[KS] Re: Recent Posting on Kim and Nobel

C.E.Williamson uiliwill at nuri.net
Wed Oct 24 19:14:06 EDT 2001

REPLY sends your message to the whole list

Dr. David McCann: Yes, explaining myself is called for, but that would
more space than reasonable in this forum.  As for putting things before
National Assemply back in the 1960s - 70s and even today, it did not
work very well at that time did it?  The troubles of the First and
Republics are well evident and Park's coming to power was welcomed to a
large extent (the intelligentsia didn't like him and it took the blame
failures up to that point) to get out of the stagnation caused simply by
lack of understanding of the roles of the citizen and government. 
does not fall down to earth from the sky and anyone opposition leader
not bring democracy to a country where the people themselves have not
internalized the value system necessary to sustain democracy.  Lest we
forget, the early ROK started out with a document flown to Korea from
Harvard that the vast majority of Koreans even today have trouble

I certainly may be wrong in my observations of Korea and Koreans and of
DJ and even the meanies like Park Choung Hee, Chung Doo Whan, and Roh
Woo, but I sometimes really doubt that if the likes of Kim Young Sam and
DJ were elected to the Presidency back in the early 1970s, or before,
Korea would not have come as far as it has today.  While liberal
has been possible in the West, after it failed during the Chang Myun
further experimentation was severed until Korea was strong enough
economically....and to an extent militarily and politically too until
outside world, not the Undongkwon, urged (coerced?) Chun and Rho to step
aside...and they did!  Truely mean dictators would not do that.  I think
there is something to distinguishing between the Korean dictators bent
nation building and the those of the Grecco Roman character in the West.
Was I really mean on Monday morning to say what was on my mind?  I see
DJ as a functionary of the West.  he spent a lot of time there and has a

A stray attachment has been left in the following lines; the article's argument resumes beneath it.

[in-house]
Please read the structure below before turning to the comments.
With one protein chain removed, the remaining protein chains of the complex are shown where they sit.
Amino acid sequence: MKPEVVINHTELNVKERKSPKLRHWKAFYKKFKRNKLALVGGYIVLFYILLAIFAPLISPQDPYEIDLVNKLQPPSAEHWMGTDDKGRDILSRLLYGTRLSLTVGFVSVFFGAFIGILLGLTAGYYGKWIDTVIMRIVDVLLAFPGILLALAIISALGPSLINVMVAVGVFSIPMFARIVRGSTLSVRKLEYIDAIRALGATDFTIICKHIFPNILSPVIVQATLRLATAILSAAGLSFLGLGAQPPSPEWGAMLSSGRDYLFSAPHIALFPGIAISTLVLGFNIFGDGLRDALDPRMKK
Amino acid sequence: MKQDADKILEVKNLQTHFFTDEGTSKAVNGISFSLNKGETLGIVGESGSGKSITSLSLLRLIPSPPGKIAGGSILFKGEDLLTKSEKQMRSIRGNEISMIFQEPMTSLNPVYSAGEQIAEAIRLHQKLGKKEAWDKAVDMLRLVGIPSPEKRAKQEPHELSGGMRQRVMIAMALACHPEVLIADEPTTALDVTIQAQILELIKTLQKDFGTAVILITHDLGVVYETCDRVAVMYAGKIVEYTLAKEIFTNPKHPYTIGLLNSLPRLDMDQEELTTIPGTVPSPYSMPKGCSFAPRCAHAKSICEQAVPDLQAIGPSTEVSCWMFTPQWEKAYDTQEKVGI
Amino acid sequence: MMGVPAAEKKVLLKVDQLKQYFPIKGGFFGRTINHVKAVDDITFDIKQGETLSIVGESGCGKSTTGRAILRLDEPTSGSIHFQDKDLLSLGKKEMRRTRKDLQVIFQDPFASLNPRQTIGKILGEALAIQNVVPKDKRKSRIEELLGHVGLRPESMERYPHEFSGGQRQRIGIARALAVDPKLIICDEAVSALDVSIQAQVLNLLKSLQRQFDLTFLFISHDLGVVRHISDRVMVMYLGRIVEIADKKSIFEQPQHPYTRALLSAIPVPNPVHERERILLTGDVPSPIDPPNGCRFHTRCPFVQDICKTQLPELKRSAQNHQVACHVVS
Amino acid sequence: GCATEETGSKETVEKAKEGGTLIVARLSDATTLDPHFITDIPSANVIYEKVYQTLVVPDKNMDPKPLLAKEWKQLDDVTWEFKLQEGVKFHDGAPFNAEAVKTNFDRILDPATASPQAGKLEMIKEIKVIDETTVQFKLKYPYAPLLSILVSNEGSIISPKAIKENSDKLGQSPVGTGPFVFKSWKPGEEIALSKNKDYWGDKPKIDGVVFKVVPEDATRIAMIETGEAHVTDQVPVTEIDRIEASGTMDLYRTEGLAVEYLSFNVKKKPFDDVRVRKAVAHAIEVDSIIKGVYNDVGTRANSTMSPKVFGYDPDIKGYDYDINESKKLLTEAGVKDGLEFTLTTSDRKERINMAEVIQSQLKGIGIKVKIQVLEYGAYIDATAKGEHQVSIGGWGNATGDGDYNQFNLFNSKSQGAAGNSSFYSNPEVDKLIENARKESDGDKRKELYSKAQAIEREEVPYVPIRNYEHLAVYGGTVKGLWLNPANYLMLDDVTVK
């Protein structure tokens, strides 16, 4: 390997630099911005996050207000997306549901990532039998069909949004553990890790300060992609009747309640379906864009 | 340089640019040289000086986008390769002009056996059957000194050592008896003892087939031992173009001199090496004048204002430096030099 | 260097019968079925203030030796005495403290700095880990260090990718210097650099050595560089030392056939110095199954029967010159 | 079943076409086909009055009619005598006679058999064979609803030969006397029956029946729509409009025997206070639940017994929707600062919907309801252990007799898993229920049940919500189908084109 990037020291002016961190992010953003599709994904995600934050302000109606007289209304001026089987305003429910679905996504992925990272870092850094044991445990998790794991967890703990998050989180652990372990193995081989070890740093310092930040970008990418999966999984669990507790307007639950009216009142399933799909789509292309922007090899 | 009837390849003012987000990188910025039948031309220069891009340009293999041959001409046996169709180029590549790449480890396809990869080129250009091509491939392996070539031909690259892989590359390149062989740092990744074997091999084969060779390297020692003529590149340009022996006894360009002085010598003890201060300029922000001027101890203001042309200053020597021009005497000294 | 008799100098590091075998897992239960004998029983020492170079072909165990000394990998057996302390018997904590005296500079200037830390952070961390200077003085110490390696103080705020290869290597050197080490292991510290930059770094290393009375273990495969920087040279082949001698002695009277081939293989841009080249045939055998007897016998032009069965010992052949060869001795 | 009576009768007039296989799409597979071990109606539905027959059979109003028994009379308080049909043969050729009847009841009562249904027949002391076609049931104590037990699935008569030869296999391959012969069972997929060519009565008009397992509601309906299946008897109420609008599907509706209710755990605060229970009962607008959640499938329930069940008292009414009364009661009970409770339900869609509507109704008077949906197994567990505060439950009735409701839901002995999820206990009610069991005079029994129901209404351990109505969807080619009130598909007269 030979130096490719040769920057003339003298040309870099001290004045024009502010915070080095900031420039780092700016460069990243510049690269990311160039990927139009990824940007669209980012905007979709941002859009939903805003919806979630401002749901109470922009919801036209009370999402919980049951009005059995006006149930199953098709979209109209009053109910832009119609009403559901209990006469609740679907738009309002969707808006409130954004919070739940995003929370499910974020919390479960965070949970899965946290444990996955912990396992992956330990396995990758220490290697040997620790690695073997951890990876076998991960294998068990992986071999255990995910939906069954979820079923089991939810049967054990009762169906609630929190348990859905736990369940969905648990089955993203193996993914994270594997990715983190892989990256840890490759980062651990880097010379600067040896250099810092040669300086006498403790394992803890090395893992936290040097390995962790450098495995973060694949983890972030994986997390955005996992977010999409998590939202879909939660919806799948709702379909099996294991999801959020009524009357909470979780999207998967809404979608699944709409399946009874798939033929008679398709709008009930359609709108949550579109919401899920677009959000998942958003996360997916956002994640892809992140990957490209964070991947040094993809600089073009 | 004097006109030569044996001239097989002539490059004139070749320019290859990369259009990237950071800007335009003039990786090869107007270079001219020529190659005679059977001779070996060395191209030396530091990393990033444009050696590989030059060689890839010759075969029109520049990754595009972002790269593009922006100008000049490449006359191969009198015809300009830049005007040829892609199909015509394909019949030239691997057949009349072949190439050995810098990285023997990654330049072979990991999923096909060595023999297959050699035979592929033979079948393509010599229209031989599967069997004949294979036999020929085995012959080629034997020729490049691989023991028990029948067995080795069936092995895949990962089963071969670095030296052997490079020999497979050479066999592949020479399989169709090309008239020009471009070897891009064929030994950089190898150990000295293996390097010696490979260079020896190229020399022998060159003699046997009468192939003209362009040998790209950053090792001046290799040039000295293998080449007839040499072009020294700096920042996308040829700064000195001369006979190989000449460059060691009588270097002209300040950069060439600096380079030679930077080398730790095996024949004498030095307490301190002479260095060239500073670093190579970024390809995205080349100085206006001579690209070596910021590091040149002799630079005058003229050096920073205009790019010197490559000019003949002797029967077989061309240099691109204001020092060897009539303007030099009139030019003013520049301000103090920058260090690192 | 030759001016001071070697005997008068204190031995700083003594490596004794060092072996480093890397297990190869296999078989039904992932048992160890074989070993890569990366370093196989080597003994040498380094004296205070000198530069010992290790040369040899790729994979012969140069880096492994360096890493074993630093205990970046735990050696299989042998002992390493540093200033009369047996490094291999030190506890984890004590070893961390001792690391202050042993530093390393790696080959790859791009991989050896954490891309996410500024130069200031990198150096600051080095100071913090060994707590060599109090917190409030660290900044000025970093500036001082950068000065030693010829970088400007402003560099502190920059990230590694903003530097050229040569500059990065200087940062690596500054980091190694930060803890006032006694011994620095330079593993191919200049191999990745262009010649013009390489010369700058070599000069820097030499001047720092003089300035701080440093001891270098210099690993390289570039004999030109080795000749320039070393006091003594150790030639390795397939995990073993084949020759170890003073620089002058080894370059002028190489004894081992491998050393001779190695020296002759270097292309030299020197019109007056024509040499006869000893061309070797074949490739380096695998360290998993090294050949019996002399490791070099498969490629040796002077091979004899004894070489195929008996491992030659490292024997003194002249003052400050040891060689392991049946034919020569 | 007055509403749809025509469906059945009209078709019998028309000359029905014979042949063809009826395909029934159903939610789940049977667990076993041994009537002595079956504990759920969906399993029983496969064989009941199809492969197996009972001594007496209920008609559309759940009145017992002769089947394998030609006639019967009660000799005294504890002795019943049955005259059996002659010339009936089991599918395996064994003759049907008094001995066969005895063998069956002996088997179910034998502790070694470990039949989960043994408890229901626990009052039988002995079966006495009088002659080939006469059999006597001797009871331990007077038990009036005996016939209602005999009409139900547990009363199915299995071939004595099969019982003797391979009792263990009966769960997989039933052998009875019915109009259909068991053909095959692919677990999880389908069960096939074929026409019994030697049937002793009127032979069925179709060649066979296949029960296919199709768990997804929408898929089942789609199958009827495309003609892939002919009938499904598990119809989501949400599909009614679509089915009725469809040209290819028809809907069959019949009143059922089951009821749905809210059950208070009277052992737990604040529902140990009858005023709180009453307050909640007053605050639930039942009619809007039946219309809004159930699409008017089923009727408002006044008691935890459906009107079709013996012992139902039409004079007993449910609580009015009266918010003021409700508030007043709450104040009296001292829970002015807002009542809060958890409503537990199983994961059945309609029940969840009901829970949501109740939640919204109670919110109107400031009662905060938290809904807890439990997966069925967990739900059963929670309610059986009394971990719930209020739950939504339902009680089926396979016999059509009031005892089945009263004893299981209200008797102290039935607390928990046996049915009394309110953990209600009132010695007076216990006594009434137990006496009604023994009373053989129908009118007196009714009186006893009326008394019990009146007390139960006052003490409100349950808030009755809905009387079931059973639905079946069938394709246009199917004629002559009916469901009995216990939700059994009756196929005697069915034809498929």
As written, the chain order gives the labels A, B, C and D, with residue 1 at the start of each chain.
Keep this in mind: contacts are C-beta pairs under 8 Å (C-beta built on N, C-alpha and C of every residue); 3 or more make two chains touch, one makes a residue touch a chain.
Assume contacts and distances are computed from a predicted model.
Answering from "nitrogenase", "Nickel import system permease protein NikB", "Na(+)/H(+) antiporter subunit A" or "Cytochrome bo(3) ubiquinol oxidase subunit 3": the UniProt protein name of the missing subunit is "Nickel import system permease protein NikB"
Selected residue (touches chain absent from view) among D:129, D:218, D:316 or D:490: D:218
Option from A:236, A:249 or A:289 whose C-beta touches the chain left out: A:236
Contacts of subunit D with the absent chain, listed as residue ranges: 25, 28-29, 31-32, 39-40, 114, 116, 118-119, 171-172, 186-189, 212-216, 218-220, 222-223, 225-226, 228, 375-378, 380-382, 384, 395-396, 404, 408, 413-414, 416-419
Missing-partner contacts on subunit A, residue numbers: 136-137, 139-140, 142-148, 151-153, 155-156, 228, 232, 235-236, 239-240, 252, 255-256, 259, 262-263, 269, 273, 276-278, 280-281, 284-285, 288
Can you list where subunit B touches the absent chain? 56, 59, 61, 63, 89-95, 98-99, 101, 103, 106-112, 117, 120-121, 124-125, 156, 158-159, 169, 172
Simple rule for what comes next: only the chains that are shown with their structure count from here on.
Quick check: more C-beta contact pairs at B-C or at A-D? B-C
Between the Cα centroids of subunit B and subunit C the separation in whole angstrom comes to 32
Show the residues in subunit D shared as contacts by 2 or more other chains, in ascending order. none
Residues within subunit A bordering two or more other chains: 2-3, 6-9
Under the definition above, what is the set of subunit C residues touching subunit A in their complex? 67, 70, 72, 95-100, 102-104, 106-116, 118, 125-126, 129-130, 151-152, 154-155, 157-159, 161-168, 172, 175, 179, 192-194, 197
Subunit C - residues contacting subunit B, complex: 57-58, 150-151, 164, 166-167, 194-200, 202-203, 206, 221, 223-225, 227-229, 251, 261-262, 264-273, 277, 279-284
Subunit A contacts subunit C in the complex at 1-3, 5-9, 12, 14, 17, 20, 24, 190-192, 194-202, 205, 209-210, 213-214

of political baggage.  The IMF was timely and swiftly recovered, yet
from large-scale unemployment, the only thing that has really changed is
disappearance of a few chaebols and the appearance of NGOs, another
encouraged by the West.  Oh, yes there is also a relently progaganda
toward computerization of the home and the knowledge-based economy.

 Time will tell whether the NGOs will encourage citizen participation in
reigning in government and controlling their government or whether they
merely vehicles to political stardom for their leaders.

Kim DJ has achieved positive relations with the North simply by buying
way to the S-N summit--nobody will say just how much capital has and is
going to North Korea gratis.  Yet, the estimated 3,000,000 deaths due to
starvation in North Korea has been hardly discussed here.  Most say in
private that the aid went primarily to North Korea's elite.  Any true
liberal democrat would not tolerate nor support a regime that is the
of such horible large-scale inhumane treatment.  Three million plus dead
the world did very little to resolve that problem.  I really wonder why.
Finally, I don't mean to be mean, perhaps the reader is overly


----- Original Message -----
From: "David Richard McCann" <dmccann at fas.harvard.edu>
To: <korean-studies at iic.edu>
Sent: Tuesday, October 17, 2000 1:21 AM
Subject: Re: Recent Posting on Kim and Nobel

> I take it there is irony meant by the use of the word hero, though in
> reference to what is not clear.  The writer seems to be asserting that
> the present president voted to keep people starving, prevent the growth
> of the economy, and block jobs, though it isn't clear whether the writer
> means to claim that actual votes on those three matters were presented
> to the Assembly and voted on.  Or is it just another way of saying
> something that means "opposition," roughly?  The writer claims that the
> present president opposed the ROK, which is an interesting and novel way
> to describe a political career.  However one reader might respond to
> that phrase, another reader might think Yes, the present president did
> oppose the truck that tried to run him down, and presumably did oppose
> in some way the men who kidnapped him from the hotel in Japan and were
> preparing to drop him into the Eastern Sea.  In that sense as well as in
> whatever sense the writer may have intended, Kim Dae Jung might be said
> to have 'opposed the ROK.'  But when the writer puts those little
> quotation marks around the word <cruel>, in case readers may have missed
> the point of his use of the term <so-called> in reference to Park, Chun,
> and Roh, it makes me wonder what that self-styled, so-called "Observer
> of Korean politics" has been doing all these years to wind up in such a
> mean temper this Monday morning.
> David McCann

More information about the Koreanstudies mailing list